One of the complexities of following the research, is that ATG is referred to by many different names by different groups. For example: Thymoglobulin, rATG, hATG, ATGAM, antithymocyte globulin, etc.

The cells that Burt is removing and then reinjecting are sometimes called "precursor bone marrow cells" and other times "adult stem cells".

The lead investigator for this clinical trial is Dr. Gitelman at UCSF. For those of you at Bearskin Meadows: yes, this is the same "Dr. Steve" who is often up there. I'm indebted to Dr. Gitelman for his insights into Burt's research and how it relates to other research, including his own. All mistakes, opinions, and oversimplifications are my own.

Patient oriented information on this trial:

Previous Blog postings on this (blog on ATG) (blog on Burt) (blog on Gitelman)

Web pages (but these need updating): (Gitelman) (Burt)

Clinical Trial records for this study: (Phase-II ATG) (Phase-I ATG) (Burt)

Joshua Levy

Sunday, August 23, 2009

Update on Pescovitz's Rituximab Phase-II trial

Pescovitz (and team from TrialNet) have finished a phase-II human trial of Rituximab, and the results have been accepted for publication at a big-name scientific journal. Unfortunately, that journal has embargoed the result data until publication, so I don't actually know the details of how well it worked. The good news, is that the study's authors did an oral presentation at ADA 2009, and (I'm told) that the results were good, but not as good as with the anti-CD3 monoclonal antibody drugs from Macrogenics or ToleRx. Those drugs preserved beta cell functionality for at least a year after treatment. Basically, untreated people lost half their ability to produce insulin in the year after onset of type-1 diabetes, but treated people retained about 95% of their ability. Rituximab was not as successful as that, but did preserve some insulin production.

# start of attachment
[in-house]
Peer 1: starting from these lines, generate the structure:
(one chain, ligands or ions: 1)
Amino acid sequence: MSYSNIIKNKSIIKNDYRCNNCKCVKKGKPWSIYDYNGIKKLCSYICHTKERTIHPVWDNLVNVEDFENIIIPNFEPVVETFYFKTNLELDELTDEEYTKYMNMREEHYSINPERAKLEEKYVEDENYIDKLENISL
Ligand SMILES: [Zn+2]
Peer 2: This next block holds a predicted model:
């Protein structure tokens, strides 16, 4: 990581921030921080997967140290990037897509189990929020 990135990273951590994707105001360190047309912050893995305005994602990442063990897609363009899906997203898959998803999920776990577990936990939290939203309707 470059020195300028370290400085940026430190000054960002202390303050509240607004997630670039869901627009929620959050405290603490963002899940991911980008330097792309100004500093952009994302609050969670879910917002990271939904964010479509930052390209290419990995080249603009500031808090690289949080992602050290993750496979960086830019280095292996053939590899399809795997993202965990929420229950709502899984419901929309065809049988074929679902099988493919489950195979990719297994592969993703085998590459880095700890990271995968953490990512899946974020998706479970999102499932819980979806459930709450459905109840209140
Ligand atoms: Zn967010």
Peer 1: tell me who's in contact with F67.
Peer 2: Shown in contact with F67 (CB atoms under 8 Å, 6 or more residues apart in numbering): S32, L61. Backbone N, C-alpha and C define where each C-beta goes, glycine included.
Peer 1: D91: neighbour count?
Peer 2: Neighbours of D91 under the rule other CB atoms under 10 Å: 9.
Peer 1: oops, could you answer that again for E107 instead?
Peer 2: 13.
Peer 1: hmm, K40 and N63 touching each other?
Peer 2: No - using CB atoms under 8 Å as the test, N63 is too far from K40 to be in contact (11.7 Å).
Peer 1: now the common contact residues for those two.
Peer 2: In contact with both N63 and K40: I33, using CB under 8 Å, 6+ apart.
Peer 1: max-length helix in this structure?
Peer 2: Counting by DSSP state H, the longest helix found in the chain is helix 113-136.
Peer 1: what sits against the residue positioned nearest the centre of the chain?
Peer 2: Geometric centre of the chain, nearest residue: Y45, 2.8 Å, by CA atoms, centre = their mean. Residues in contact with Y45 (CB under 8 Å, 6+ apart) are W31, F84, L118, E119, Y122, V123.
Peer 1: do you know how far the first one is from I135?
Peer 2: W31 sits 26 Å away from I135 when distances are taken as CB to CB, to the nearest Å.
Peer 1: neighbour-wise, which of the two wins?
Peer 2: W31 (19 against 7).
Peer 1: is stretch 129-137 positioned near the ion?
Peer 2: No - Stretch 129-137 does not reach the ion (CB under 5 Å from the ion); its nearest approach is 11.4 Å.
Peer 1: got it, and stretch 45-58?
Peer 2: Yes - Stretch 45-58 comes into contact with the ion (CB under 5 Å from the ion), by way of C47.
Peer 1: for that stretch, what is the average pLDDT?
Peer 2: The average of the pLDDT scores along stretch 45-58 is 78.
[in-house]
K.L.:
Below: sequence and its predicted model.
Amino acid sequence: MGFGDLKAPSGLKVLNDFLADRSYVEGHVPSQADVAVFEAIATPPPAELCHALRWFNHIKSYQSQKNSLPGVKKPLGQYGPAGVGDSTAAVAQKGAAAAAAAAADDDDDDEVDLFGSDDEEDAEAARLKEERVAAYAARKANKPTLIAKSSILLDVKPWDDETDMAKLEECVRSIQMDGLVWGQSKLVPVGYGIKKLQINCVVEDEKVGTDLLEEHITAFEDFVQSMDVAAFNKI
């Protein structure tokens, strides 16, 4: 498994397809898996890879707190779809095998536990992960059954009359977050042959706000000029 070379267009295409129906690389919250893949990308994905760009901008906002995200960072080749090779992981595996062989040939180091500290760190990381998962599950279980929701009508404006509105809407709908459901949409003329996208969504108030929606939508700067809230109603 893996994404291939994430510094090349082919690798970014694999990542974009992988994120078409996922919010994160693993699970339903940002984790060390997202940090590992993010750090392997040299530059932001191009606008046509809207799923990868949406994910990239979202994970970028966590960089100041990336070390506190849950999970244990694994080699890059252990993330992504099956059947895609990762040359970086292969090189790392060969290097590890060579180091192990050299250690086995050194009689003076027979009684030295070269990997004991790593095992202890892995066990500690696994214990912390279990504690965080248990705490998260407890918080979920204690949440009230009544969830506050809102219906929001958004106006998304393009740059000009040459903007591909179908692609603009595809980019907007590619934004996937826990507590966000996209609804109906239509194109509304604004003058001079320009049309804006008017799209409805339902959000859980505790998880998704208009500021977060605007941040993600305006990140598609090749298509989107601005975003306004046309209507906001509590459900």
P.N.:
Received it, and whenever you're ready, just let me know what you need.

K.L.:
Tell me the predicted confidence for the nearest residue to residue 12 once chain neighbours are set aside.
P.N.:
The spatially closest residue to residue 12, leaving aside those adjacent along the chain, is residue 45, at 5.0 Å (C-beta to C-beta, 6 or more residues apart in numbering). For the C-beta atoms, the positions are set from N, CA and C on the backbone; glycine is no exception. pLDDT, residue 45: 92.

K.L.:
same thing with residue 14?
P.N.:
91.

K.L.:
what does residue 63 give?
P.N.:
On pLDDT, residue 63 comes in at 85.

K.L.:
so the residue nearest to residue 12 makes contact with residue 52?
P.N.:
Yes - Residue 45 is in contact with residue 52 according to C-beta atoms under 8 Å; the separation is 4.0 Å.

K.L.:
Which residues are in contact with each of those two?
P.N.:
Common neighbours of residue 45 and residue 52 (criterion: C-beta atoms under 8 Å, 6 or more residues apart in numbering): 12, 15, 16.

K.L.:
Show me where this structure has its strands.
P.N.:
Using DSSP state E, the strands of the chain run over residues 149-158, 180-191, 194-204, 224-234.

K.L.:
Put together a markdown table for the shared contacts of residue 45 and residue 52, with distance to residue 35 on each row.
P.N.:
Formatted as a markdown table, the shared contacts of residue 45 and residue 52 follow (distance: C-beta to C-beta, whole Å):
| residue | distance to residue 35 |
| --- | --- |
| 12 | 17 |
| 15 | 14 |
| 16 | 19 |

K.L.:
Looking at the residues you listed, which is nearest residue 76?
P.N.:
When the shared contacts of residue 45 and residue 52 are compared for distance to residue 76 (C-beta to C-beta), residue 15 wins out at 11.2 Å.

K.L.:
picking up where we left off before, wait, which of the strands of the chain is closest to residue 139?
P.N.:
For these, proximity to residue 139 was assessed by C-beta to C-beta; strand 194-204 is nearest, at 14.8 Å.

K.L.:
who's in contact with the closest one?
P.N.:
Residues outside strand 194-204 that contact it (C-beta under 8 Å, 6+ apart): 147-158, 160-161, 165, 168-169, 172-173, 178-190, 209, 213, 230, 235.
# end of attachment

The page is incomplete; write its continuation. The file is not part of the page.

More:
Rituximab is a monoclonal antibody, a product of Genetech (now a division of Roche), and already approved by the US FDA for rheumatoid arthritis and several cancers. You can read more about it here:

It works by attacking B cells that have the CD20 marker. These B cells are part of the immune system and completely different that the beta cells (sometimes called B cells) in the pancreas. The immune system has many different types of both B cells and T cells. Most drugs currently being tested to cure type-1 diabetes target T cells. (For example: MacroGenics, ToleRx, Diamyd, Faustman, ATG, Abatacept, etc.) Rituximab is targeting a completely different type of cell (B rather than T). It is thought to work because B cells may interact with T cells influencing their targeting to attack beta cells. So this study is interesting, both because the results are good, but also because it potentially opens up a whole new area to understand as part of the cause of type-1 diabetes, and that means a whole new area where a cure or treatment might be found.

A follow on trial of Rituximab is currently being designed. It will probably involve repeated dosing of the drug. Obviously, I'll post when that clinical trial starts.

Discussion (Why many different treatments might be more effective.)

Right now, we have at least 5 drugs in phase-II or III human trials that, when given during the honeymoon phase, result in the patient loosing only half as much insulin production capacity, as if they were not given the drug. These include Rituximab, Diamyd's GAD65, several different anti-CD3s, and (maybe) Alpha Interferon. There are three ways of looking at these results: